British Columbia (Canada) recreation and tourism groups have penned a message to new Premier David Eby to call on the provincial government to increase the budget for the outdoor sector.
According to a report from Cranbrook Daily Townsman, 40 organizations and businesses across B.C. are expressing concerns over the increasing outdoor recreation demand, which is already straining limited resources.
They expressed a few concerns: lack of parking, access to sanitation facilities, aging recreation infrastructure, environmental and wildlife impacts, maintenance backlogs, and staffing shortages.
In the letter addressed to the premier, the groups urged the government to increase the annual operational budget of Recreation Sites and Trails BC to CA$20 million and the yearly budget of B.C. Parks to CA$100 million, to amend the Trails Strategy for British Columbia and confirm adequate support for implementing the updated trails strategy, and to invest CA$10 million in a B.C. Trail Fund to provide reliable funding to community-based organizations that help maintain B.C. trails.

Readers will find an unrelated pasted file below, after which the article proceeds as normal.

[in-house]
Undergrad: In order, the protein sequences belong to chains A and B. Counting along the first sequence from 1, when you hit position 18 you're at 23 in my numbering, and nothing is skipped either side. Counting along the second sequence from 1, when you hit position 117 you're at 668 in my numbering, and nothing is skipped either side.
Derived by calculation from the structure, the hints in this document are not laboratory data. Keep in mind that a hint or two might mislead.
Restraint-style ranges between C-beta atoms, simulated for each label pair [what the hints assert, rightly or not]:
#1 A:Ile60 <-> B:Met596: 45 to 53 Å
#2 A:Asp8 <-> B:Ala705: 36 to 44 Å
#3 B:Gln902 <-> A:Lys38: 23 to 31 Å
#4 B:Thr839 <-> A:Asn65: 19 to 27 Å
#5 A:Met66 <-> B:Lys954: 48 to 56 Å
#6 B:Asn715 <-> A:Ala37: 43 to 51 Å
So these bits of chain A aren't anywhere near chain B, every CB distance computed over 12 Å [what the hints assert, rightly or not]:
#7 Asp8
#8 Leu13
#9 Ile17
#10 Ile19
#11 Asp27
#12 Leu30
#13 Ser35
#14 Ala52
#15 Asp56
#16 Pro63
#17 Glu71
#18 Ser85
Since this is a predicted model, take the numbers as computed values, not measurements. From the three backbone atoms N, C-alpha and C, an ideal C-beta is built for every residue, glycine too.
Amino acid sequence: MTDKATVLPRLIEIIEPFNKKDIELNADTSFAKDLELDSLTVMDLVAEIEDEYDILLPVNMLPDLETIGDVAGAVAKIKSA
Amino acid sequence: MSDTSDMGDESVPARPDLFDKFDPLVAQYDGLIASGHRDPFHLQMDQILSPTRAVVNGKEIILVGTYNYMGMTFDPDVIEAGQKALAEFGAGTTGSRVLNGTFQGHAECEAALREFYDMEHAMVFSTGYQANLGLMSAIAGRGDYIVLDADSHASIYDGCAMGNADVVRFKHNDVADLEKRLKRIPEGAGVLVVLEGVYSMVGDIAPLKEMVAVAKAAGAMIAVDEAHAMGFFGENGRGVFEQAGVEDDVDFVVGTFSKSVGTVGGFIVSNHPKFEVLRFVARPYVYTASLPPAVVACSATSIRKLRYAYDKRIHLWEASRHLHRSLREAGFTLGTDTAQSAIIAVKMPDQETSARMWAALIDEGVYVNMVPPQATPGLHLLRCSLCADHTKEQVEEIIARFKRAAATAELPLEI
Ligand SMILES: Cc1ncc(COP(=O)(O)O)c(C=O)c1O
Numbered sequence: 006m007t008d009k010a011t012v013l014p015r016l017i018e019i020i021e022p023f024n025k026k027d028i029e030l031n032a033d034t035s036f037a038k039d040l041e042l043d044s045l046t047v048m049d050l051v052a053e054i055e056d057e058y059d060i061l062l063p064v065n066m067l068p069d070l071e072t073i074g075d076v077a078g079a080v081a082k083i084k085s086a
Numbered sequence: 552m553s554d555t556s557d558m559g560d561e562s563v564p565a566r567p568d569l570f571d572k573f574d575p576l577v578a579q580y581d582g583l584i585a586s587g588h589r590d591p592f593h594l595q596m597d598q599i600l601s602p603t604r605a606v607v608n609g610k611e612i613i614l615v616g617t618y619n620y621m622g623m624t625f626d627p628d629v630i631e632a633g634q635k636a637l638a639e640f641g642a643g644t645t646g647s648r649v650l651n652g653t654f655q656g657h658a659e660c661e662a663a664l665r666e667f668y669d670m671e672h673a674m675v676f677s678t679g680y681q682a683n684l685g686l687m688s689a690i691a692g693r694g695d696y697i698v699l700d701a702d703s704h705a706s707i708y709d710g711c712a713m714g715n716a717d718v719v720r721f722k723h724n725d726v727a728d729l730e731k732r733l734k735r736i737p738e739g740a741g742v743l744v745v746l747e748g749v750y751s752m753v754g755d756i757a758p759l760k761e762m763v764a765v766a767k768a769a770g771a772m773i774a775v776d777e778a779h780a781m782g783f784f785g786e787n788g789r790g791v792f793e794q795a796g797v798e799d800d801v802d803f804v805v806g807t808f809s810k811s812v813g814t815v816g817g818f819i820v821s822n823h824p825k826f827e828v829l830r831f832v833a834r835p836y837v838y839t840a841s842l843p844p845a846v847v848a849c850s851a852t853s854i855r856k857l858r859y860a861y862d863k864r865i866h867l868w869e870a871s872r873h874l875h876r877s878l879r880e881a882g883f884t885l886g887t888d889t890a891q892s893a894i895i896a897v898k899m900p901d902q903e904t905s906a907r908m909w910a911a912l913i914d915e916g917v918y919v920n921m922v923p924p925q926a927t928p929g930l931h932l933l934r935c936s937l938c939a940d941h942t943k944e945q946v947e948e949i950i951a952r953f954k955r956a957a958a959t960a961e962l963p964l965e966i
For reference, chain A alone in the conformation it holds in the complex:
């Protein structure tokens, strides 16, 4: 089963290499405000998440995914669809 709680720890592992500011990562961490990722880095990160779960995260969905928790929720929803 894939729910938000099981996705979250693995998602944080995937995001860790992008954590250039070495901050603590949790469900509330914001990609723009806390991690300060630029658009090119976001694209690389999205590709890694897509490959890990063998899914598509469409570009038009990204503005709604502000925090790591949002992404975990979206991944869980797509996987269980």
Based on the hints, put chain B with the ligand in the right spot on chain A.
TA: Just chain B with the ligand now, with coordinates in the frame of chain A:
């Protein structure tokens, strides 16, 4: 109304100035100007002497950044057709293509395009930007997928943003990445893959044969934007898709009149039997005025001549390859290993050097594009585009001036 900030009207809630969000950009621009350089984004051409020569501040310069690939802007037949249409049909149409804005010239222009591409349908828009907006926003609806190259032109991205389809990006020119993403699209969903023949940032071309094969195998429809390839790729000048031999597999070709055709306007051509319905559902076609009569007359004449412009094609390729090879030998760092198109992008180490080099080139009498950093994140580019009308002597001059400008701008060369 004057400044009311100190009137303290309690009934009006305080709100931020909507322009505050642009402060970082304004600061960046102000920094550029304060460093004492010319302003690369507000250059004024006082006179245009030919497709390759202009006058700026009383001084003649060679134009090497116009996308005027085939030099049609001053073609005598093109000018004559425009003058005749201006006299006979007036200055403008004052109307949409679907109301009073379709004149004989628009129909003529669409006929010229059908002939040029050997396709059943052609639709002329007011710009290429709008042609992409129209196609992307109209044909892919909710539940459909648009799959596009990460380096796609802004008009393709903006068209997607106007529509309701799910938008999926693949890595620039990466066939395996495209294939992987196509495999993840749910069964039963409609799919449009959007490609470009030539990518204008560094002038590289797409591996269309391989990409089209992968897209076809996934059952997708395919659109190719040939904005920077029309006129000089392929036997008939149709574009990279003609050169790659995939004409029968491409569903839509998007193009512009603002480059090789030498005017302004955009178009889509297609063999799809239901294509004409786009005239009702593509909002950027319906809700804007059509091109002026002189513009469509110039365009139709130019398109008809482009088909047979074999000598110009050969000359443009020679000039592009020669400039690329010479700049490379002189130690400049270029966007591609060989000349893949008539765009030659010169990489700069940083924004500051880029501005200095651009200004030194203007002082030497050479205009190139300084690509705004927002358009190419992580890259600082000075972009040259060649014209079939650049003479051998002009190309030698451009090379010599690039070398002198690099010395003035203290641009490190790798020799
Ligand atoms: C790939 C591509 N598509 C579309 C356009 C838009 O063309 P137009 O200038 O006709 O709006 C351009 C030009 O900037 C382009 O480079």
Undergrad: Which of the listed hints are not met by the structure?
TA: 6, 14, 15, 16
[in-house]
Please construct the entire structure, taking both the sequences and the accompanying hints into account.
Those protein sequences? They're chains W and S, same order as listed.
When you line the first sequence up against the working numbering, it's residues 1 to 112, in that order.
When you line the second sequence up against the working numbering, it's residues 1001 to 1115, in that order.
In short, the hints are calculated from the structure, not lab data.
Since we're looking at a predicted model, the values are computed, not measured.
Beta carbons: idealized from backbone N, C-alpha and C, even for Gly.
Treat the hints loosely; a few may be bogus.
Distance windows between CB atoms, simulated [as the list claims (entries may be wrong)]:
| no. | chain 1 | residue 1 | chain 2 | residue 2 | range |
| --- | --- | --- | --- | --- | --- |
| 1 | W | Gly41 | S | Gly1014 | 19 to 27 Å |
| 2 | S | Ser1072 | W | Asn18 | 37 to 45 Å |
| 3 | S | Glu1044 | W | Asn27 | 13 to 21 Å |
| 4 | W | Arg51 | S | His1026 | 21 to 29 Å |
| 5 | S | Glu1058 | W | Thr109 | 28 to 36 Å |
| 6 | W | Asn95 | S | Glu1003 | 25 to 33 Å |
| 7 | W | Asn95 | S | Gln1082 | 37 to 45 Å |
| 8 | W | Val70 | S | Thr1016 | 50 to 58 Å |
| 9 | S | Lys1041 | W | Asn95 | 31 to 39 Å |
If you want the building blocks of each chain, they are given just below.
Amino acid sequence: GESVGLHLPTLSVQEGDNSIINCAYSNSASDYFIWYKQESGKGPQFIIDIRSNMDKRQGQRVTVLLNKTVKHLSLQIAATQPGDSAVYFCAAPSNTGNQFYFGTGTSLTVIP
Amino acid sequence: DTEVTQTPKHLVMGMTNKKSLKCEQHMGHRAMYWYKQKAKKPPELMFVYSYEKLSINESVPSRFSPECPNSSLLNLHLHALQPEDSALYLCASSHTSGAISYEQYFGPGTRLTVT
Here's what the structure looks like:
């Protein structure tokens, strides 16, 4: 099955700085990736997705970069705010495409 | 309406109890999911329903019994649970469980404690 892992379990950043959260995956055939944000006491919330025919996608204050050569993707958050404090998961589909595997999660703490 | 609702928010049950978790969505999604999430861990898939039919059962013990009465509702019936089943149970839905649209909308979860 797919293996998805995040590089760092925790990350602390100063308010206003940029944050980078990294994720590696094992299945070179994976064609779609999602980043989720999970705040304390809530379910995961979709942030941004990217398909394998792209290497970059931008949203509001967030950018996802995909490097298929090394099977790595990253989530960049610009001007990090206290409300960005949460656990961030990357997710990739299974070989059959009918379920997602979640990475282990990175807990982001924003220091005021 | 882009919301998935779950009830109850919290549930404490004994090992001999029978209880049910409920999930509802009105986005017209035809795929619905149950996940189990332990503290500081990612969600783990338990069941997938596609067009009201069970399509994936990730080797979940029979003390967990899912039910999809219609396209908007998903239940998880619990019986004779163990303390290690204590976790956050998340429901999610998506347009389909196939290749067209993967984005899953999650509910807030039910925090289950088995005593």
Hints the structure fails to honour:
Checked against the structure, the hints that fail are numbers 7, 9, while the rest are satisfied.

A University of Saskatchewan study showed that outdoor recreation in B.C. accounts for CA$15 billion in economic value to British Columbians yearly, on top of the benefits it provides to community health, reconciliation through Indigenous involvement, and more.
Louise Pedersen, the executive director for the Outdoor Recreation Council of B.C., said that B.C.’s outdoor recreation sector had experienced years of underfunding, propelling loss of access, adverse environmental and cultural impacts, and strained resources, including pressure on staff and volunteers.
Last year, the provincial government allocated CA$83 million over three years to recreation infrastructure in B.C. Parks, however, recreation areas outside of parks, which make up 85% of the province, have not seen the same support.
Recreation Sites and Trails BC oversees 15,000 kilometers of trails and 2,200 recreation sites on Crown land with only 50 staff and an CA$8 million operating budget.
Pedersen highlighted the calls to make new and necessary investments that will put British Columbia in a much greater position to develop a world-class trail and recreation system that facilitates broad and inclusive participation in outdoor recreation follows best practices for trail design and environmental considerations, and foster reconciliation through increased Indigenous representation in recreation planning, development, and management.